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8.573998 - CZERNY, C.: Grand Concerto No. 2 / Concertino, Op. 210 / Rondino, Op. 127 (R. Tuck, English Chamber Orchestra, Bonynge)
Carl Czerny (1791–1857)
Carl Czerny found fame and fortune in 19th-century Vienna by writing fashionable works for the masses, alongside being ideally placed to further the development of technique for the newly emerging piano. Living in a city where piano teachers outnumbered doctors by over three to one, his prodigious volumes of studies were soon placed on every piano, where they largely remain today. By 1928, Wilhelm Fink, writing in the Allgemeine musikalische Zeitung, noted that alongside Rossini, Czerny was without a doubt ‘exceedingly well-liked by a large part of the musical public’.
Czerny was, however, modest by nature, and not prone to self-promotion or exhibition. As a pianist he wanted to play Beethoven sonatas, and the ‘brilliant, calculated charlantry’ he perceived of the then virtuoso was simply not part of his natural demeanour. During his lifetime he was more preoccupied with promoting Beethoven’s music rather than his own, and much of what he classed as his ‘serious’ composition remained largely in the desk drawer, while publishers lapped up his numerous potpourris, fantasies, teaching pieces and studies. Despite the famous anecdote about Czerny working on four different pieces at once, moving from one desk to another as the ink dried, extensive crossings out in manuscripts reveal another side.
Carl Czerny was born in Leopoldstadt, Vienna, in 1791—the year Mozart died. At his christening were the brilliant pianists Abbé Gelinek and Abbé Ferdinandi. Surrounded by music from birth, he was initially taught piano by his father, and first started composing by the age of seven. He soon could play all of Mozart’s piano works, much Clementi and music by Beethoven; first performing in 1800 with Mozart’s Concerto in C minor, K491. The following year he so impressed Beethoven that the master took him on as a pupil for the next three years, and this grew into a lifelong friendship and association of mutual admiration. Beethoven chose Czerny to premiere two of his piano concerti, and such was his pupil’s musical memory that he could play all of Beethoven’s works by heart.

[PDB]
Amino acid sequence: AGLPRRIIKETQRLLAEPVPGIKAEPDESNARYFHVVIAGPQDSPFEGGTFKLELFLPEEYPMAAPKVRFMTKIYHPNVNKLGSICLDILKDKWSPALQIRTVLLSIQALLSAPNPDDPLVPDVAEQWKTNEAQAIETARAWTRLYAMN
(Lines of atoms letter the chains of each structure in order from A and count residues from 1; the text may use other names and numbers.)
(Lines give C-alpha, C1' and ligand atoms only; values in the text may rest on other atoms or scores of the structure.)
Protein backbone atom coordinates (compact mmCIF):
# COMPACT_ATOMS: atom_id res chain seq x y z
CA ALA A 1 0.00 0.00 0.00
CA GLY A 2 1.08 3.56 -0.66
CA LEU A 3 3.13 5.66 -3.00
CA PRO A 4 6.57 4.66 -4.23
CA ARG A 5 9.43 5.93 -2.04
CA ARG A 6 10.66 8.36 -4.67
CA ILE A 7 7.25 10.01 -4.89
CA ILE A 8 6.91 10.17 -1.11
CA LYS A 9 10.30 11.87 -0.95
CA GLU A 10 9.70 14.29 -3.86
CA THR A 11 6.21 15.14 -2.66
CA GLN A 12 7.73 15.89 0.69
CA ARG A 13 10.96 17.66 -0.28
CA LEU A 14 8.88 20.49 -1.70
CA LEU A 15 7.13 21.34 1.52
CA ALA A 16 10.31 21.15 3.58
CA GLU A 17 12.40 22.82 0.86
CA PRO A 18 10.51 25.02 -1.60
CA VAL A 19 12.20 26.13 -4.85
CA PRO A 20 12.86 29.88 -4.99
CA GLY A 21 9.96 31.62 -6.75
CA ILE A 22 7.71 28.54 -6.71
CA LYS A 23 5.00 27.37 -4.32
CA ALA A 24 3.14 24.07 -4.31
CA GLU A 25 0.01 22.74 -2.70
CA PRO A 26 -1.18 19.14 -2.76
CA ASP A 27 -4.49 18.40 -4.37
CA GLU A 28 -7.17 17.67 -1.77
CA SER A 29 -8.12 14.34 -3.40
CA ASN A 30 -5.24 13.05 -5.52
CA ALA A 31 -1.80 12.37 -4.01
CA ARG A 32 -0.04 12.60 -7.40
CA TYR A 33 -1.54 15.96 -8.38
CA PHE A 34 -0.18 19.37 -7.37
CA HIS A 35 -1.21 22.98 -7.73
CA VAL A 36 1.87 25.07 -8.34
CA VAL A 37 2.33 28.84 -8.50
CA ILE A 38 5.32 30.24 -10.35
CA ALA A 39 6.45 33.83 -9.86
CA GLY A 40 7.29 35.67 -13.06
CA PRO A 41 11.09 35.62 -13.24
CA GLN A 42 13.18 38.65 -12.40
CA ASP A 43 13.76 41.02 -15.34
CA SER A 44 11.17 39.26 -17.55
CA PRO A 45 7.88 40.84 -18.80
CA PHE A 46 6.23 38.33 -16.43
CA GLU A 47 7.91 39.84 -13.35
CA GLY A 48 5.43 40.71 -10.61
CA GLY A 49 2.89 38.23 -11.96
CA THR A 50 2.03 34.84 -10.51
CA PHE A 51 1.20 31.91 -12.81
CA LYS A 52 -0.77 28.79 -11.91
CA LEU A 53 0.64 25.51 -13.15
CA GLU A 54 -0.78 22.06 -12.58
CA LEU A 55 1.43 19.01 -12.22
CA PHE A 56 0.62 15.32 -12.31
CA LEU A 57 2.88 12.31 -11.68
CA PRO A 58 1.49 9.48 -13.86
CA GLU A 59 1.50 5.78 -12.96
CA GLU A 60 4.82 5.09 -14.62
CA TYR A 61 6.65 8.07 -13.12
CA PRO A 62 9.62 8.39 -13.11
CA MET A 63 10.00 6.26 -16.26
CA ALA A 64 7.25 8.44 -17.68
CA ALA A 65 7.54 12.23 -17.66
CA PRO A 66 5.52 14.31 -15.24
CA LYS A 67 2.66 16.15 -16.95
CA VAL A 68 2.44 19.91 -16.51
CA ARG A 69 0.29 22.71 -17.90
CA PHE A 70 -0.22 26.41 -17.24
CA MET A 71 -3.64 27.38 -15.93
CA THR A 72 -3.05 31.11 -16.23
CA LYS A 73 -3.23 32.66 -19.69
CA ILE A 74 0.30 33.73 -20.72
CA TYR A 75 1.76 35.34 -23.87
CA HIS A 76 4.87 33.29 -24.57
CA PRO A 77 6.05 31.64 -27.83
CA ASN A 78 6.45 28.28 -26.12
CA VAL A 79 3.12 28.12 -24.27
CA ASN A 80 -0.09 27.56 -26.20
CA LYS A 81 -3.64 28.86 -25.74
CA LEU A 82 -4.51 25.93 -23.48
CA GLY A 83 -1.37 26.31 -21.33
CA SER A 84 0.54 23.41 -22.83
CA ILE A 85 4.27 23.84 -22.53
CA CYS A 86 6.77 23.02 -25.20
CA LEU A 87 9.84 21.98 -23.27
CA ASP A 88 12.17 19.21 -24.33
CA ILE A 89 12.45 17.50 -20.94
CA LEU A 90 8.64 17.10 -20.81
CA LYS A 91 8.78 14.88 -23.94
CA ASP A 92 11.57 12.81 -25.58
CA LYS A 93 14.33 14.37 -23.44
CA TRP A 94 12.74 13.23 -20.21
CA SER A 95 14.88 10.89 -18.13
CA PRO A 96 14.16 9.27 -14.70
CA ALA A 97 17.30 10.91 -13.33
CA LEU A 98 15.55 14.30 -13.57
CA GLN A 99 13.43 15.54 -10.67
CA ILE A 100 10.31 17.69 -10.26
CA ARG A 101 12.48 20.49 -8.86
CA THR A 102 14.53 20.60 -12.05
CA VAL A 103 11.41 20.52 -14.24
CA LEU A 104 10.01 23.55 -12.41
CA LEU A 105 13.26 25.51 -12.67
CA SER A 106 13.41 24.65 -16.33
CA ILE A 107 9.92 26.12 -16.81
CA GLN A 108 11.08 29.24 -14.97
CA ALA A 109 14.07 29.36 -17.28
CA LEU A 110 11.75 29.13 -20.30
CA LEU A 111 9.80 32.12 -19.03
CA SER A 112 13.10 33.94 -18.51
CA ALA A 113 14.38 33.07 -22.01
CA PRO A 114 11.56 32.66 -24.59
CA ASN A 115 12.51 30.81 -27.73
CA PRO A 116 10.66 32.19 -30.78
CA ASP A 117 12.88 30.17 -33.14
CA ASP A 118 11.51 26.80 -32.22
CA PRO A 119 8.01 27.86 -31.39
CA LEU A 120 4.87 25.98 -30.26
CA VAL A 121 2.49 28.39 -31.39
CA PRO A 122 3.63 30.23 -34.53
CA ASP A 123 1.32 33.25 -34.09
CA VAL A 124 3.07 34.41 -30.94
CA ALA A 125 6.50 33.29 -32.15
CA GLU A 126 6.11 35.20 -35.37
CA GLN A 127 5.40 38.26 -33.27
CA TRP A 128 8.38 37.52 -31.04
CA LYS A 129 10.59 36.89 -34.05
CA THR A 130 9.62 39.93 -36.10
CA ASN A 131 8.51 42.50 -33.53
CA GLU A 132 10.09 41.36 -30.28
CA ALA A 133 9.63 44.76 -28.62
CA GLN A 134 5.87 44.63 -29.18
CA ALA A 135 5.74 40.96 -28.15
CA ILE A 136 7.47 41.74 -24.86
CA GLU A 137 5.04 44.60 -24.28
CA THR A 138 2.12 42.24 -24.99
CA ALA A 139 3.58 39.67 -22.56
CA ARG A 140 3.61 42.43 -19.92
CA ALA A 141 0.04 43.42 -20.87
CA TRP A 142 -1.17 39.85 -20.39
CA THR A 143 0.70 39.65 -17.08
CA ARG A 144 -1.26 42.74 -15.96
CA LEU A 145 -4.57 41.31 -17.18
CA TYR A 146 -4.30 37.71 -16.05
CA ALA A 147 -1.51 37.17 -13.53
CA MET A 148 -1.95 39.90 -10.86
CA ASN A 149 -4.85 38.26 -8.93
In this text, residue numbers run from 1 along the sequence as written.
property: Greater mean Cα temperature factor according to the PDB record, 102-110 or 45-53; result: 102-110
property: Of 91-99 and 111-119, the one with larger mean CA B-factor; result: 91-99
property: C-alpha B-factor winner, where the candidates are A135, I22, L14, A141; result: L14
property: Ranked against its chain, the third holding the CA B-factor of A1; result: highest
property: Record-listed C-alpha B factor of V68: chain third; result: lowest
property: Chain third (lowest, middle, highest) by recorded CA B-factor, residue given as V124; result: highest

While Beethoven’s belief extended to having Czerny create piano versions of his orchestral works, enabling them to be more widely heard, their close friendship, coupled with Czerny’s tireless promotion, has led to much of our understanding of the master today. On this aspect Brahms wrote to Clara Schumann: ‘Czerny’s great piano school is well worth reading through. In particular what he says about Beethoven and the performance of these works; he was an industrious and attentive pupil’, adding ‘there should be more respect for this excellent man’. As a teacher Czerny taught piano to Beethoven’s nephew Carl, and other pupils included Heller, Thalberg and most famously the young Liszt. Liszt presented Czerny’s music in Paris recitals with much success, while his own É́tudes d’exécution transcendante were appropriately dedicated to his master. Alongside Chopin and Thalberg, Liszt also invited Czerny to contribute to his Hexaméron – Grande variations de bravoure sur le marche des Puritains de Bellini.
Czerny wrote an astonishing amount of music: over a thousand works, which include nine symphonies, piano concerti, string quartets, chamber music and many works for piano. Deeply religious, he also wrote much liturgical music, including cantatas, hymns and eleven Masses. Liszt, despite his great admiration for Czerny’s ‘compositions of importance, beautifully formed, and having the noblest tendency’, also noted in a letter to Otto Jahn in 1852—‘it is a pity that by a too super-abundant productiveness, he has necessarily weakened himself.’ Early editions of The Grove Dictionary of Music and Musicians support this contention, stating ‘the host of lesser works have involved the really good ones in undeserved forgetfulness’.
Beyond this aspect, much of Czerny’s ‘serious’ writing for piano was deemed extremely difficult to play, curtailing wide circulation and performance by its very nature. London’s Monthly Magazine from 1824 recounts the ‘wild and almost unplayable music that generally proceeds from Mr Czerny’s pen’, while another reviewer from Harmonicon, 1833, asks who, but ‘moon-struck people’ would submit themselves to Czerny’s gladiatorial writing. Writing in his essay Carl Czerny, Composer, the pianist and Czerny scholar Anton Kuerti points out that even the chamber works can be more difficult to play than a Chopin concerto, and ponders for whom they could have been intended.